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Thread: Mayan Xnipec Salsa with Tequila Blanco

  1. #1
    Join Date
    Oct 2009

    Default Mayan Xnipec Salsa with Tequila Blanco

    You will love this salsa! It's quite addictive.

    Depending on the size of your habeneros, it can be quite spicy, so add little by little until you are satisfied with the heat. I usually use 1-1/2 to 2 standard sized habaneros. Be sure to mince the habanero very finely. This promotes even heat that isn't unbearable on the palate, especially when combined with the other flavors. And don't even think about using a jalapeno or serrano; it just won't be the same. The sweet, tropical heat of the orange habanero is key to this salsa.

    Tequila is not traditionally used here, but since this is a tequila forum I decided to tweak the recipe a bit. I think the addition of the tequila will complement the other flavors quite well. This salsa is supposed to be a little watery. However, if you notice there is way too much liquid (probably from not properly seeding the tomatoes) then pour some of the retained liquid out (before you add the tequila of course)!

    Use the best quality Summer tomatoes for optimal flavor. This salsa should be eaten within 2 hours of preparation. Serving it in a traditional stone molcajete will surprise your guests.


    Yield: 4 servings

    cup finely chopped white onion, rinsed, drained under cold water
    5 plum or Roma tomatoes, cored, seeded, diced
    1 large orange habanero, seeded, deveined, extremely finely minced
    cup chopped cilantro leaves, loosely packed
    Generous pinch of sea salt

    3 tablespoons lime juice, freshly squeezed (or sour orange juice -- recipe below)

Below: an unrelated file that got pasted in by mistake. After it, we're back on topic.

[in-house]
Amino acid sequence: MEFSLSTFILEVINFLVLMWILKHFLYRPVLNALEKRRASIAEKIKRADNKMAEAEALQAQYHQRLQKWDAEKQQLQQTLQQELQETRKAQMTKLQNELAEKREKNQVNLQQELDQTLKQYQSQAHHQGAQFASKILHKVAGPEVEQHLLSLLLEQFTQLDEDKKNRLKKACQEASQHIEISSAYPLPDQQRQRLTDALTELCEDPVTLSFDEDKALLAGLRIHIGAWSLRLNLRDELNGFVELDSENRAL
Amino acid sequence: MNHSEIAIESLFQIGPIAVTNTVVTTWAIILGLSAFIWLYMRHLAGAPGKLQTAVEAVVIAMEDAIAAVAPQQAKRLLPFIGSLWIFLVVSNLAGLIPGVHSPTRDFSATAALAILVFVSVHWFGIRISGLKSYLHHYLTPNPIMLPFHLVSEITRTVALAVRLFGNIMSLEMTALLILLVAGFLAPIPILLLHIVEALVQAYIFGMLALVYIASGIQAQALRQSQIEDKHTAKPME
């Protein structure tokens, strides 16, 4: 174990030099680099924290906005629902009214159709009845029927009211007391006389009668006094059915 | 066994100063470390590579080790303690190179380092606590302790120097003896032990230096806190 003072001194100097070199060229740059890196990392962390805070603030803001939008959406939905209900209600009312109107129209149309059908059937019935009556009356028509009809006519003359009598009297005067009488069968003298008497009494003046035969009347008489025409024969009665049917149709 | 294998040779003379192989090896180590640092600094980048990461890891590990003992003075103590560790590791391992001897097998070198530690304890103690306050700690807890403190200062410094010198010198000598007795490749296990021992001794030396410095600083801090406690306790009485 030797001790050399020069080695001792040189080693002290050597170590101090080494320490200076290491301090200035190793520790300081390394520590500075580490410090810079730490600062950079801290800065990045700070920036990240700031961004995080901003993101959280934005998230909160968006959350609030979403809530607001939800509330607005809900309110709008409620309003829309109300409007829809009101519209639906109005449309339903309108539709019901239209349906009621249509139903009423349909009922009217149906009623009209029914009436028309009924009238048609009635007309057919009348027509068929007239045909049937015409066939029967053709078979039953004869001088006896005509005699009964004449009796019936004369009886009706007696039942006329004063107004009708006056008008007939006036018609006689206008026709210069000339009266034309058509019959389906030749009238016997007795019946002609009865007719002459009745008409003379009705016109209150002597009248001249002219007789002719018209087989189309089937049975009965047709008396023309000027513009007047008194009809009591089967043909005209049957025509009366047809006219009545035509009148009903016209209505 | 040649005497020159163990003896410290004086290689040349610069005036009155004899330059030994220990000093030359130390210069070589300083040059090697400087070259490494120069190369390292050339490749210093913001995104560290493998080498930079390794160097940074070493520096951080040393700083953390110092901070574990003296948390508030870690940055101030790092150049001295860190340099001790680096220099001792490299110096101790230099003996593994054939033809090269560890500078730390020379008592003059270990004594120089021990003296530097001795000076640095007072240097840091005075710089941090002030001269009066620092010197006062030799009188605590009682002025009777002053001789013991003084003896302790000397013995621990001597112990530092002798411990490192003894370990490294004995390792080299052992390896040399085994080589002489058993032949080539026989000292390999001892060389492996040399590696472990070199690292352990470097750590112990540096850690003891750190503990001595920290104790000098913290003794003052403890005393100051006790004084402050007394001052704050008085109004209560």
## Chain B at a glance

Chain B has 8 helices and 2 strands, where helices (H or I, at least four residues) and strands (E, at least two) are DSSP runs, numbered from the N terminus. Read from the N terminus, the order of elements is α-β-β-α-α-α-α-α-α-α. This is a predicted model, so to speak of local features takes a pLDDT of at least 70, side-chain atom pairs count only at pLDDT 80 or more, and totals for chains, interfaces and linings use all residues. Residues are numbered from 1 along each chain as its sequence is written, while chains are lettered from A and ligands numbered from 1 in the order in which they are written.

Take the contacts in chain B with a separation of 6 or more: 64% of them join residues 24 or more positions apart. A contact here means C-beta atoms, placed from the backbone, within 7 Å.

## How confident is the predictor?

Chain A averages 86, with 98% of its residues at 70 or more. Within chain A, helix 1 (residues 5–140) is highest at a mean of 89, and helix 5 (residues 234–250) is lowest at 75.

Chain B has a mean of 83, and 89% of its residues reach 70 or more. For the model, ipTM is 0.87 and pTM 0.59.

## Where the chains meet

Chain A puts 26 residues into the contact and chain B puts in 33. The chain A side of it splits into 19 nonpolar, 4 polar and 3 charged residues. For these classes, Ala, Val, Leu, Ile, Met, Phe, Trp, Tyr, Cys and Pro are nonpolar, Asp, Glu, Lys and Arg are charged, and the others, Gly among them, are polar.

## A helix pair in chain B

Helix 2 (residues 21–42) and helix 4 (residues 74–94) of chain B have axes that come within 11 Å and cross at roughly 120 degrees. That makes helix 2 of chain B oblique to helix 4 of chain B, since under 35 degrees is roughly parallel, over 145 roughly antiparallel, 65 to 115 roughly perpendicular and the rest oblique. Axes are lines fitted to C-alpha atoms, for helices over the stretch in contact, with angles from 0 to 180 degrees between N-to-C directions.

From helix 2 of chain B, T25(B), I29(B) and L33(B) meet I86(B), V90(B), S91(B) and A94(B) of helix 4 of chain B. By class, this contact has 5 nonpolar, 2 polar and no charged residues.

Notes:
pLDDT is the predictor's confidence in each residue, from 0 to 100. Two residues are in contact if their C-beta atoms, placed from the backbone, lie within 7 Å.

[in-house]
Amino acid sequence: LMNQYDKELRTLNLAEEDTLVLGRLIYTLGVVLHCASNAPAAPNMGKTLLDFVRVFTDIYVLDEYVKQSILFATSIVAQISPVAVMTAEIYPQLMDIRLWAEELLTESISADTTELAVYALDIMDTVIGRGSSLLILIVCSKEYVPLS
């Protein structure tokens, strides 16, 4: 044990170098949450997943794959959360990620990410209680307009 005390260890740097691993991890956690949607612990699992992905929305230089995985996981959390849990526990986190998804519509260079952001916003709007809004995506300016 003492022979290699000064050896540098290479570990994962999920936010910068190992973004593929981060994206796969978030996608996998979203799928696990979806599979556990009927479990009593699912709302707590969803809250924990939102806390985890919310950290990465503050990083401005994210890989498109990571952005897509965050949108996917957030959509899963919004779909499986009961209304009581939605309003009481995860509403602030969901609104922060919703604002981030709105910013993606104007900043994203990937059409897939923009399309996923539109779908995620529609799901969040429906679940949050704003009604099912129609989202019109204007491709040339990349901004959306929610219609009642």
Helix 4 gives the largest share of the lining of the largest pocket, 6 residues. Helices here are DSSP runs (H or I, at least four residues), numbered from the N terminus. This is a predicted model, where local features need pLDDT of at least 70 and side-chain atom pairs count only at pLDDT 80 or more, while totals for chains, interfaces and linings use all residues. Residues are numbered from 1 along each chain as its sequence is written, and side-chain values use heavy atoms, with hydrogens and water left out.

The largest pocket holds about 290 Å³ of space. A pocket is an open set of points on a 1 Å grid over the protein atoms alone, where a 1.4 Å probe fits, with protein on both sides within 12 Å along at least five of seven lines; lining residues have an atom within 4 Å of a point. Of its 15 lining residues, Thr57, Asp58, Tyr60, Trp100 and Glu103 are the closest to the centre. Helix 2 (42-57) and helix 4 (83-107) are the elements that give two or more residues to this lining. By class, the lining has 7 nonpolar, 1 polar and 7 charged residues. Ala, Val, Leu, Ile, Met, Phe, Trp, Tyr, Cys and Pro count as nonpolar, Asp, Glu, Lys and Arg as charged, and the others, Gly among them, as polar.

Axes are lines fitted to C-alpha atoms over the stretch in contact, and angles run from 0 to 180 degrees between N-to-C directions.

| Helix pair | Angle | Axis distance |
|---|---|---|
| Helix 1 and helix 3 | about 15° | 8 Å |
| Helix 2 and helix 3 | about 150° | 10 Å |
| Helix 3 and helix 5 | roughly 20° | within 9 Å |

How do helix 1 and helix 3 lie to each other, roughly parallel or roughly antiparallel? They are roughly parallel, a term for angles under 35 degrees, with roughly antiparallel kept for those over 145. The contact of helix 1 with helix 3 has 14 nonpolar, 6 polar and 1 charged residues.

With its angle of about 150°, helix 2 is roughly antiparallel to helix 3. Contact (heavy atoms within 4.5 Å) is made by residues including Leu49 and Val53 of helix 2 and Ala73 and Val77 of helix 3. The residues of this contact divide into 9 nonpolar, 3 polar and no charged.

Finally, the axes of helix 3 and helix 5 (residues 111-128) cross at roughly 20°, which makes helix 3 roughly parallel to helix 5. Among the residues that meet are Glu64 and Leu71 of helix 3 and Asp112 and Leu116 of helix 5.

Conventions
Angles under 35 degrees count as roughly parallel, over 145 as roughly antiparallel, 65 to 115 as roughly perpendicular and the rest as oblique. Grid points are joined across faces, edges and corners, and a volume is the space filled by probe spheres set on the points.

2 tablespoons tequila blanco
    1 tablespoon olive oil
    More salt, if necessary

    First, prepare all of the ingredients as described above to make things easier. Combine the onion, tomato, chile, cilantro, and salt. Make a dressing with the last four ingredients, and combine. Before eating, let sit at room temperature for about 30 minutes so the flavors can meld together.

    *A more authentic acid component would be the sour juice of the Seville orange. However, this fruit is not readily available in the states. You can achieve a close approximation in taste by combining 1 tablespoon grated grapefruit zest, 1/2 cup freshly squeezed grapefruit juice, 1/2 cup freshly squeezed orange juice and 1/4 cup freshly squeezed lemon juice. This will yield approximately 1-1/4 cups. It is much more flavorful than simply using lime juice.
    Last edited by chefrob; July 31st, 2013 at 02:32 PM.

  2. #2
    MrAgave's Avatar
    MrAgave is offline Administrator
    Join Date
    Dec 2006


    Nice post, will try this one over the weekend!

  3. #3
    blagave's Avatar
    blagave is offline Agave Aficionados
    Join Date
    Jul 2007


    I am very lame to cooking, but this recipe is something even I can try.

    Thanks for the detailed recipe....look forward to trying

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